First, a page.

Mazel tov to Uri L’Tzedek, the Orthodox social justice organization that pioneered an fair wage certification, has reached their 100th certification! If I weren’t at a bris this weekend, I’d be there.
Mazel tov to Uri L’Tzedek, the Orthodox social justice organization that pioneered an fair wage certification, has reached their 100th certification! If I weren’t at a bris this weekend, I’d be there.
Louder Than a Bomb is Chicago’s High School Poetry competition, though that is not the spirit found among its participants. Founded by local poet, author and jew Kevin Coval, Louder Than a Bomb is something of a Chicago darling. WBEZ covers the finals event every year (Coval was a contributor to the station’s 848 program). Now in its 10th year, its is the subject of a new and inspiring documentary film getting rave reviews.
One of the previous winners, and a subject of the film, is one Adam Gottlieb, whose poem Maxwell Street surprised many with its thick references to his Jewish identity. Coval himself has explored his Jewishness in his work, and this year, another young poet, Tova Benjamin, emerged from the Orthodox stronghold of West Rogers Park. Her poem, Not an Envelope Opener, is getting a bit of notice for similar reasons. Benjamin has apparently strayed from the derech, but one hopes that means a deeper exploration of her faith and identity and not a departure from it. Indeed, I would like to hear more from her on the subject. Check her out below, or listen to this interview on WBEZ.
Over the past week, the Jewish paper of record (The New York Times) has reported a few times on the Shabbatroversy in Houston, TX.
Robert M. Beren Academy joined the Texas Association of Private and Parochial Schools for sports. Not surprisingly, TAPPS is dominated by Christian schools. It is Texas. When Beren joined, TAPPS told the school that there may be games during the playoffs on Shabbas. There were also no games to be held on Sunday, according to the by-laws.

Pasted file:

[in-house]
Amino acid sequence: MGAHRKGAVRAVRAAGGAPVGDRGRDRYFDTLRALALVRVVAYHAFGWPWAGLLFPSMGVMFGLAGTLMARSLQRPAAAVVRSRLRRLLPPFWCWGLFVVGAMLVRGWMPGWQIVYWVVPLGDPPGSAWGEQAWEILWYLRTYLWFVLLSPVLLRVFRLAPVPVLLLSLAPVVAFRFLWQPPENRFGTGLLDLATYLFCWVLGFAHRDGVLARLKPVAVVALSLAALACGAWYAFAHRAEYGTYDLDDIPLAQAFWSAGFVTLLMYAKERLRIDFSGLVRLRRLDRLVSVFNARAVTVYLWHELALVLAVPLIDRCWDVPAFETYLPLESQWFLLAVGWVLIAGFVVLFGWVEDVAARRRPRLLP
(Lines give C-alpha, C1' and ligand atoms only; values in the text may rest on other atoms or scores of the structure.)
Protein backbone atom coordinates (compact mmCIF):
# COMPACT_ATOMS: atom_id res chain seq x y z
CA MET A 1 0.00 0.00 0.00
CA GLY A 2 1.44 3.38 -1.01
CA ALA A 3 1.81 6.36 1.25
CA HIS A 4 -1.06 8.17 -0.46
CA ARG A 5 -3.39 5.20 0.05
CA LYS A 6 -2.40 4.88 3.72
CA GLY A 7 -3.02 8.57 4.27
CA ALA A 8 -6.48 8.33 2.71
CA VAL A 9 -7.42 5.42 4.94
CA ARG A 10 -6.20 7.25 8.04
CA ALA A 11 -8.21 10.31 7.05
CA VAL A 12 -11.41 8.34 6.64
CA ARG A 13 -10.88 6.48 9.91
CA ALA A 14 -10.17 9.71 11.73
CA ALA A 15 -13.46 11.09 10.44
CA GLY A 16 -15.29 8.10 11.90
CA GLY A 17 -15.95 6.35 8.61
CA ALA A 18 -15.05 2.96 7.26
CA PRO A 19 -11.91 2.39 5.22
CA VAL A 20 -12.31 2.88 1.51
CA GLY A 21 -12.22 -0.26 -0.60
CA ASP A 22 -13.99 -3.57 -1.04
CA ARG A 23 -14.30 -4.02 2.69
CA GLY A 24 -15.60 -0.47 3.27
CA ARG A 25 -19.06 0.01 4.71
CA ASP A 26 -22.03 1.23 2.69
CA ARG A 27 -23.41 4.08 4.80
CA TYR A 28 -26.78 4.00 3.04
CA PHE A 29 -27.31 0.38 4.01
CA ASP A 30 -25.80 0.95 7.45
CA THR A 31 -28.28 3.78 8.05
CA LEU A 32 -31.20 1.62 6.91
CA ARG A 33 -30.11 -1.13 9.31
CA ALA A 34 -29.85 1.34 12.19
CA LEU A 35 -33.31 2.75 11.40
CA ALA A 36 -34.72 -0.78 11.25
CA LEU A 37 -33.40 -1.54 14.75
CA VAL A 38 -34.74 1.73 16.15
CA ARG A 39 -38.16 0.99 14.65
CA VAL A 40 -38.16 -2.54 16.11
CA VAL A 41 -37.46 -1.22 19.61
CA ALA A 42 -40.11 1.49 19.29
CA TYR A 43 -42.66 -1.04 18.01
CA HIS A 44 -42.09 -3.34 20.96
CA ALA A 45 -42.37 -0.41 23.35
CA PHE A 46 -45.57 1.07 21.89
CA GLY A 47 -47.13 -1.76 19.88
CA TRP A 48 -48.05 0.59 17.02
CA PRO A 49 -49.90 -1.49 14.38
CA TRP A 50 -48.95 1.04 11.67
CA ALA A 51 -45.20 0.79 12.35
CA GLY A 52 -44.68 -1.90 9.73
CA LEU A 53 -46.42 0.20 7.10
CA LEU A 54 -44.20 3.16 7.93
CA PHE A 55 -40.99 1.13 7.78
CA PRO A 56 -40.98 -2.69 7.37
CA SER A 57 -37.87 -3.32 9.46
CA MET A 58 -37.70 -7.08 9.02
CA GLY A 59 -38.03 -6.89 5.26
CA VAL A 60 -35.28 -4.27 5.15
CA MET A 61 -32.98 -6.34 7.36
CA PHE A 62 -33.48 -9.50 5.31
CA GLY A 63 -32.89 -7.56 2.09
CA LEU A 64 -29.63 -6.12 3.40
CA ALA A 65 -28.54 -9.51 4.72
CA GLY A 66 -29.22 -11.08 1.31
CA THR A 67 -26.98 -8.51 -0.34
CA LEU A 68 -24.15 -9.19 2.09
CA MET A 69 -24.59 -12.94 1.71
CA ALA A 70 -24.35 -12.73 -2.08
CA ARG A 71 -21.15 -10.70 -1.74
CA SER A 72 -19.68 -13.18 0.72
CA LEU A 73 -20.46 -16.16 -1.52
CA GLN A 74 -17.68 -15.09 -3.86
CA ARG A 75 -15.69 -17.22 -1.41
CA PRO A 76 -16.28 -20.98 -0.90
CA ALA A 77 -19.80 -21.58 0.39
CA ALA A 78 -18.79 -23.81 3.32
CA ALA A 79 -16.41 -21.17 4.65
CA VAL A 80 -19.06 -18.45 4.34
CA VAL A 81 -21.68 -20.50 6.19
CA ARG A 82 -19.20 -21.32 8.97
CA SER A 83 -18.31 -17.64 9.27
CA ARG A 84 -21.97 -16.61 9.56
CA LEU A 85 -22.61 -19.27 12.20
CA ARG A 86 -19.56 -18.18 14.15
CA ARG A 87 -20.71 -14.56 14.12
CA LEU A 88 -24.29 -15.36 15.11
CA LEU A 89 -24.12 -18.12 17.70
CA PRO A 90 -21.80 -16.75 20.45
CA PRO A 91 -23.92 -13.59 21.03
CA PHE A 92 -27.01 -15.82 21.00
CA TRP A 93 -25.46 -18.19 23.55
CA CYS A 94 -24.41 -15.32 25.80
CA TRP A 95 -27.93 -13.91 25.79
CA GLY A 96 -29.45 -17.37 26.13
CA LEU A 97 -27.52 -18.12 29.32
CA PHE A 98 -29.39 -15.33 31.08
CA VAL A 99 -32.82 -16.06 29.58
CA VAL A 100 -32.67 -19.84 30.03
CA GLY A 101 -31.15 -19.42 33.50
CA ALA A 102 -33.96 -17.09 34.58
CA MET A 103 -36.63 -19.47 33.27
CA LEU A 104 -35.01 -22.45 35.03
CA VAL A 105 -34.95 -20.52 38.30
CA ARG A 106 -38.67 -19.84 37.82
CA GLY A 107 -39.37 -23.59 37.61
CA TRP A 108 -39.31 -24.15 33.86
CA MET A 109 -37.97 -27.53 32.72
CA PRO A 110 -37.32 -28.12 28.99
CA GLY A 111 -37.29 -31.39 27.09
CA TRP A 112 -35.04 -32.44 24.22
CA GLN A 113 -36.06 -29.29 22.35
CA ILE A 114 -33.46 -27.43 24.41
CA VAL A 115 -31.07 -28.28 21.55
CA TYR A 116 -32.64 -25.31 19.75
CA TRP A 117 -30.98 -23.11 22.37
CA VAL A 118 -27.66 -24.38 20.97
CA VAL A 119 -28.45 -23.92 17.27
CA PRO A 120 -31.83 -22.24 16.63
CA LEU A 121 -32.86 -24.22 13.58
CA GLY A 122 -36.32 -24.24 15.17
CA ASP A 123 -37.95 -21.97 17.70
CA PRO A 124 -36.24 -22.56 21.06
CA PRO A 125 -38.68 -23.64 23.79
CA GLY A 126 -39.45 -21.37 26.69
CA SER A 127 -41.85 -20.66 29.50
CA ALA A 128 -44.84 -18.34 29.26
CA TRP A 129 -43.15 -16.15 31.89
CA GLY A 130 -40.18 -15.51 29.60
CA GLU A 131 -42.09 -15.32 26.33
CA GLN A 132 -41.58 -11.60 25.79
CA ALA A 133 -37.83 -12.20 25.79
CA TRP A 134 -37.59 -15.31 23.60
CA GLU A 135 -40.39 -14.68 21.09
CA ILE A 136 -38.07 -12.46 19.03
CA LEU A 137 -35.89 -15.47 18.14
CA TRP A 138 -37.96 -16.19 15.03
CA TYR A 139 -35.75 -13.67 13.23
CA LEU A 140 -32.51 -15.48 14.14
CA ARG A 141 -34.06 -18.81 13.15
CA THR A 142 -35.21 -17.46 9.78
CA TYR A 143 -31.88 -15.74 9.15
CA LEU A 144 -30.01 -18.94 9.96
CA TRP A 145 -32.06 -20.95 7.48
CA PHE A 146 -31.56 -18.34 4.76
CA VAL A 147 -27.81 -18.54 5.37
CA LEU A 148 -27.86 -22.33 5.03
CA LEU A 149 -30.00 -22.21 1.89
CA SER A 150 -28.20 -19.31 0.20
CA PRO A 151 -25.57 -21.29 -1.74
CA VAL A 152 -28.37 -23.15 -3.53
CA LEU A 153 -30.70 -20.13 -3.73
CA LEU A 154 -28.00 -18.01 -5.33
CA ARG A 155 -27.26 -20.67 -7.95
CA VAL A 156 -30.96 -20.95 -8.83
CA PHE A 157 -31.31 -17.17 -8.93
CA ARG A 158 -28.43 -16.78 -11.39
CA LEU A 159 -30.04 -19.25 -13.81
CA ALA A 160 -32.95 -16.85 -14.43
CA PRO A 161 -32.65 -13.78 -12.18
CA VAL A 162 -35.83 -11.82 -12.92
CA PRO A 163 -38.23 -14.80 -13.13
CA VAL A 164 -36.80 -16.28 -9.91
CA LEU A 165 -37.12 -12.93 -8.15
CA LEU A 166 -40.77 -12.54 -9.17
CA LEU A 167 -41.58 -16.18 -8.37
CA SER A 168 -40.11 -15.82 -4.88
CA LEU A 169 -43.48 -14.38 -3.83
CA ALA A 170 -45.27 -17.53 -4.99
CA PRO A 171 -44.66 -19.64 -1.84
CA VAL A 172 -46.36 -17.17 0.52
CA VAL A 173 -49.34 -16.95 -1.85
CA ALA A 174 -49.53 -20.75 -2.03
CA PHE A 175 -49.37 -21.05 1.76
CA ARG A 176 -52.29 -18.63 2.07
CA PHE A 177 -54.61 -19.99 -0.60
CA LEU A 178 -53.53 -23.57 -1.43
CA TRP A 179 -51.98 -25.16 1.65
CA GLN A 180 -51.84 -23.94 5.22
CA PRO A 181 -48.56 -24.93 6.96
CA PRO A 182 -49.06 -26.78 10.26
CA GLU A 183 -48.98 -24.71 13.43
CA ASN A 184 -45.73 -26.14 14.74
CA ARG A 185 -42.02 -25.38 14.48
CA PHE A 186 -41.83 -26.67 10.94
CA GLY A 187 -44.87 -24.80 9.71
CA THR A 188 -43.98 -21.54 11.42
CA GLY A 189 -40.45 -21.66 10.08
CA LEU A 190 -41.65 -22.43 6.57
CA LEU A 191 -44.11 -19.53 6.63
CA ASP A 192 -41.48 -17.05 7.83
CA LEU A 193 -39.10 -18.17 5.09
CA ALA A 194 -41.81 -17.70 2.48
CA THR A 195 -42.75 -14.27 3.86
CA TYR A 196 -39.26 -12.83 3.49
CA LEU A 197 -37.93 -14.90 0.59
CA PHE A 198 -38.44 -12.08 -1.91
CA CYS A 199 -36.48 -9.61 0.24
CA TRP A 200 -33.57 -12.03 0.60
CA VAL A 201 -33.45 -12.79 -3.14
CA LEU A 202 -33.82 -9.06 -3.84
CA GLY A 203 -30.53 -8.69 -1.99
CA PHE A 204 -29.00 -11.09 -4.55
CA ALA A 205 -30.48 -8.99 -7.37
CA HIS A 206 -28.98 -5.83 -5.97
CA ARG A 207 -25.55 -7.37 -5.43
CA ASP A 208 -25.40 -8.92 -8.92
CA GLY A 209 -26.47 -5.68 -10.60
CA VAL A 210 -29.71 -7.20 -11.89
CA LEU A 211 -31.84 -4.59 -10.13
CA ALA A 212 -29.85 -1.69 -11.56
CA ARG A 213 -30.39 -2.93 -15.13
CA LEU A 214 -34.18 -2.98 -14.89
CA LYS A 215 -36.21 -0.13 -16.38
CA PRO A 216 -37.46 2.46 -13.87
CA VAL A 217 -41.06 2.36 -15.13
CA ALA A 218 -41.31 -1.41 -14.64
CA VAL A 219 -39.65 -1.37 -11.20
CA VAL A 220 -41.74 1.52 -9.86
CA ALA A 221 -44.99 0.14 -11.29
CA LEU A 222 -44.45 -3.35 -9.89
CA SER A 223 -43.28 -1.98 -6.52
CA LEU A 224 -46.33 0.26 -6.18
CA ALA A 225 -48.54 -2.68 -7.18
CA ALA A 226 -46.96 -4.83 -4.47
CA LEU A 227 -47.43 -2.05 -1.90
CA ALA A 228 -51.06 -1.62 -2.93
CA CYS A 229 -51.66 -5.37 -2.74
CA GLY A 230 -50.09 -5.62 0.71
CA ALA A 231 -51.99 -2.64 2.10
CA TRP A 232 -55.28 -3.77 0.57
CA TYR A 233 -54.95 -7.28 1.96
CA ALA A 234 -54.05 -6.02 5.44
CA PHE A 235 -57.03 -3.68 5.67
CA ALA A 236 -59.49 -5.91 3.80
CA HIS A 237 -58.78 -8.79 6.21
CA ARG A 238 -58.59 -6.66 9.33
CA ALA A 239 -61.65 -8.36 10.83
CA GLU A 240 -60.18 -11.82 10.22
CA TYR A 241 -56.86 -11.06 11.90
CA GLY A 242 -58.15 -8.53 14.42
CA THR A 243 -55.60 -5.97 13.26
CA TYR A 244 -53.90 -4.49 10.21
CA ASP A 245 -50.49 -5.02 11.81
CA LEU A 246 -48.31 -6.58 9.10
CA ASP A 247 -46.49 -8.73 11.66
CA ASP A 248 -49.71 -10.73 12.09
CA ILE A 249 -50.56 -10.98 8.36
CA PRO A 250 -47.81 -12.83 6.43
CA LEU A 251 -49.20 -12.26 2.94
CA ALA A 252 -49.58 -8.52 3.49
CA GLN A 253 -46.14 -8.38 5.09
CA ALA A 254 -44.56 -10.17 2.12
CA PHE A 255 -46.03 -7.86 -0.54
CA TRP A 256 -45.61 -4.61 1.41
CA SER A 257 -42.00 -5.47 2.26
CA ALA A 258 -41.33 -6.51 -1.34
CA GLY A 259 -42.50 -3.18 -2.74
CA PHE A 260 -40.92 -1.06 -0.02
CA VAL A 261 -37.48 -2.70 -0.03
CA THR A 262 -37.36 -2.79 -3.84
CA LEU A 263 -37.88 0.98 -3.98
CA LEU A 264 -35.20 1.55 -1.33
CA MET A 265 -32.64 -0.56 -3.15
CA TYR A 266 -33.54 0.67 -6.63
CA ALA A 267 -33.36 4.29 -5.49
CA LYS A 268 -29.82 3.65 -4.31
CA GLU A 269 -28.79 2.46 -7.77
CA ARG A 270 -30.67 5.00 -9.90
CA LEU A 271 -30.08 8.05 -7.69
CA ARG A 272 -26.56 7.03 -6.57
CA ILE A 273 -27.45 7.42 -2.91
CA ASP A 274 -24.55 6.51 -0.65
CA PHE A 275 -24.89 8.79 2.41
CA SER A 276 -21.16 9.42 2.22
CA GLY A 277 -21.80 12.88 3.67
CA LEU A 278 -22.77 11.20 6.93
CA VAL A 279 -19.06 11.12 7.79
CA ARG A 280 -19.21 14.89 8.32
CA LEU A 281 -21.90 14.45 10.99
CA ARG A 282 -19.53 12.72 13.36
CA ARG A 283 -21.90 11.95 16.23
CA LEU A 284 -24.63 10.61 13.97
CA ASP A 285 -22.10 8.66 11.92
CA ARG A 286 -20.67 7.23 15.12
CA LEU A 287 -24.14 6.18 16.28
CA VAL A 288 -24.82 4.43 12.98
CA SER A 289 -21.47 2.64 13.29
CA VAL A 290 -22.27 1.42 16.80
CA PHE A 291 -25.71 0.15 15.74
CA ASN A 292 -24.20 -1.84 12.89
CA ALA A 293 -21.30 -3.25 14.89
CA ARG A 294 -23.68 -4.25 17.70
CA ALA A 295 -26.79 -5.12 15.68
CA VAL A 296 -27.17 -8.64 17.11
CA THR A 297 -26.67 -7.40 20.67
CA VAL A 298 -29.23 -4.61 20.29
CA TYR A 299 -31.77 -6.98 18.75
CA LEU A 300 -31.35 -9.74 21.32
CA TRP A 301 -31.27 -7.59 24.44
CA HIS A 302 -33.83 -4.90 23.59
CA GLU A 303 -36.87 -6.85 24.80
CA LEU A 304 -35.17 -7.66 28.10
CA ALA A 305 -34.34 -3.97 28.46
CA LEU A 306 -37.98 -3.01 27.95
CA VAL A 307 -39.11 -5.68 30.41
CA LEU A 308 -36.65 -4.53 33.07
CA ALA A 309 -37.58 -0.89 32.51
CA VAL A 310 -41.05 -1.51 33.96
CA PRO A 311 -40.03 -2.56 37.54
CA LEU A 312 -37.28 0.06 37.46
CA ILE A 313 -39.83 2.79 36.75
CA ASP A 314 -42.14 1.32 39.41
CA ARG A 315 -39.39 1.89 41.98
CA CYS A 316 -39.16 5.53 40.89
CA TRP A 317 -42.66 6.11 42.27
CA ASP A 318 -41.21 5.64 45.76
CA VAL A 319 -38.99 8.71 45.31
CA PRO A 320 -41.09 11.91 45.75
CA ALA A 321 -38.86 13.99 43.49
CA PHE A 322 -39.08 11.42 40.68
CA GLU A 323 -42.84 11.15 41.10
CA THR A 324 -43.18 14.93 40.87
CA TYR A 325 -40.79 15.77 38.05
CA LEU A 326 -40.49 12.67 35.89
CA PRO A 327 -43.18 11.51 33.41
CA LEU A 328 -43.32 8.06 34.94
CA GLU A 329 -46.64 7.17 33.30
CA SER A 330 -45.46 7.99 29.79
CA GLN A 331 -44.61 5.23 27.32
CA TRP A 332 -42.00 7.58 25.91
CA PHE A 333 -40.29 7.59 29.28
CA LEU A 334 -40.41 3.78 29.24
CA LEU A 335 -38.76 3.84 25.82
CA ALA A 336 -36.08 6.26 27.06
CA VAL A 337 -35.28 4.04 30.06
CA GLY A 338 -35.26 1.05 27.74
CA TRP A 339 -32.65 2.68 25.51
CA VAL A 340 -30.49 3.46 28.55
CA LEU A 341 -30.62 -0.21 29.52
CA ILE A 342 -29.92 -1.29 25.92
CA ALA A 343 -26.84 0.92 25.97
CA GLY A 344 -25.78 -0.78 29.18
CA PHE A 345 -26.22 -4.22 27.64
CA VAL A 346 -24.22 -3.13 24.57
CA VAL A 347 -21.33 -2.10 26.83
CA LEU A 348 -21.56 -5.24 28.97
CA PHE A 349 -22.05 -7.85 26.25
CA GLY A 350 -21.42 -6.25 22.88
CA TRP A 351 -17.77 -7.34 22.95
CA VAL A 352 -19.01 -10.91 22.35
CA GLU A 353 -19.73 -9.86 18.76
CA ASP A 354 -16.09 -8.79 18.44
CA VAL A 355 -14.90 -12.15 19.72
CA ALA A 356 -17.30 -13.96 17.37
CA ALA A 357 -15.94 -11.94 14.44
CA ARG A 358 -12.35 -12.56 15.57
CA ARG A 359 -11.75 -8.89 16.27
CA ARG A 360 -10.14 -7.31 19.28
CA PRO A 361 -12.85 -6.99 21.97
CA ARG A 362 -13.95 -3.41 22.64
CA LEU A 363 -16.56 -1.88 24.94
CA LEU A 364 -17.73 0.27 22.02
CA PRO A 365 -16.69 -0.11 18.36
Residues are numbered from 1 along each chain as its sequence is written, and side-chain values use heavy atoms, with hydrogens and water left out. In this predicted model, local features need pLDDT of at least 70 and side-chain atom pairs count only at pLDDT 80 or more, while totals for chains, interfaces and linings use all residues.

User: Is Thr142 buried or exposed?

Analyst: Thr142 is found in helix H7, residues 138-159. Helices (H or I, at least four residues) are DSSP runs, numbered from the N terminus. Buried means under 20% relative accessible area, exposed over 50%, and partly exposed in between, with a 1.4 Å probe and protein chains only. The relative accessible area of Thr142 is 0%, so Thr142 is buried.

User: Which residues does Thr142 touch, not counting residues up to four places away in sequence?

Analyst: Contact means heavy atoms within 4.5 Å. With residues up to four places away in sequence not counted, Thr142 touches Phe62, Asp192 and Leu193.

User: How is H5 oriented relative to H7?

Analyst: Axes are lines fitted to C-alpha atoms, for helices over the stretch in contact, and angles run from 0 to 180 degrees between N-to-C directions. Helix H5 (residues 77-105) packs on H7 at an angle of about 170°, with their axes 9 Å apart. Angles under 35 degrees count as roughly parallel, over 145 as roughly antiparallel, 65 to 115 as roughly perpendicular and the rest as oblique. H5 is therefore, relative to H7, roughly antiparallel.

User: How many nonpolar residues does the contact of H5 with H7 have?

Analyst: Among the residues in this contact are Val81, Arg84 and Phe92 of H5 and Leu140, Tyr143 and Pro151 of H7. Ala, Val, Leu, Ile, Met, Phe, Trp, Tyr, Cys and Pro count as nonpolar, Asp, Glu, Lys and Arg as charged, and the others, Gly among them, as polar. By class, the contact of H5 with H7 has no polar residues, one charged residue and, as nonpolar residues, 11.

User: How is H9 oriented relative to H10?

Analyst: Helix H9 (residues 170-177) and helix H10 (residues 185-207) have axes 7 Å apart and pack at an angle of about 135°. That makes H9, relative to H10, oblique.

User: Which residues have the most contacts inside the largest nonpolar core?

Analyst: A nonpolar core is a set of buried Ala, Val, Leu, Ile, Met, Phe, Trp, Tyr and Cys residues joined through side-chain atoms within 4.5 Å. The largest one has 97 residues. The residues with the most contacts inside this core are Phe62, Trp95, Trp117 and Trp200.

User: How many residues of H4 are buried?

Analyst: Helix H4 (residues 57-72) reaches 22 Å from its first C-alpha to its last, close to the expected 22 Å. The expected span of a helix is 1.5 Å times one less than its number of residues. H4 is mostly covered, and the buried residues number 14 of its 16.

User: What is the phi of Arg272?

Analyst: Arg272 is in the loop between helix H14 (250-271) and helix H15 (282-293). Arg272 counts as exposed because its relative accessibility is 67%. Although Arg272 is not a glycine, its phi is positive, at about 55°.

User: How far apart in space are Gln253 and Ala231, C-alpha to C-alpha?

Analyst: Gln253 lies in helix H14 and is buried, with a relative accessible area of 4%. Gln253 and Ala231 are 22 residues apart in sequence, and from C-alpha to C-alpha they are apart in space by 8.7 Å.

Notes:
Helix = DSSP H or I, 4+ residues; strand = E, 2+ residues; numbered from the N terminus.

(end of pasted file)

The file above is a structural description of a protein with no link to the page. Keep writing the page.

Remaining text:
After a week of pressure and very public backlash on the social medias and in the traditional press, Jewish orgs using very lame puns, and political and basketball stars chiming in, TAPPS has changed the tip off.
But I don’t care. It also seems that Beren didn’t care either. Sure the kids were bummed but the school made a CHOICE to join TAPPS and the school is filled with religious Jews. They clearly are going to pick Shabbat over B-ball any day and that is how it should be. I am lost at the outrage from the liberal movements and the community at large.
Congrats to the kids being taught that in a secular world, they can sue to get what they want religiously. Good luck with that in the real world. But now that they can play, I hope the beat the pants off those anti-Semites.
This is a guest post by The Neo Nazir, a nomadic Jew who spends zes time worrying that the US might actually elect Santorum and that ze and everyone reading this post will be hurled into a den of wild, indigenous mountain lions, only to be devoured limb by limb.
Newsflash! Orthodox Judaism is not the bellwether of queerness. Given Orthodox Judaism’s official position on non-heterosexuality, one hardly expects Orthodox communities to offer a fully understanding dialogue on homosexual identity. But today, even the orthodox are realizing that they can no longer simply sweep LGBTQ issues under the rug.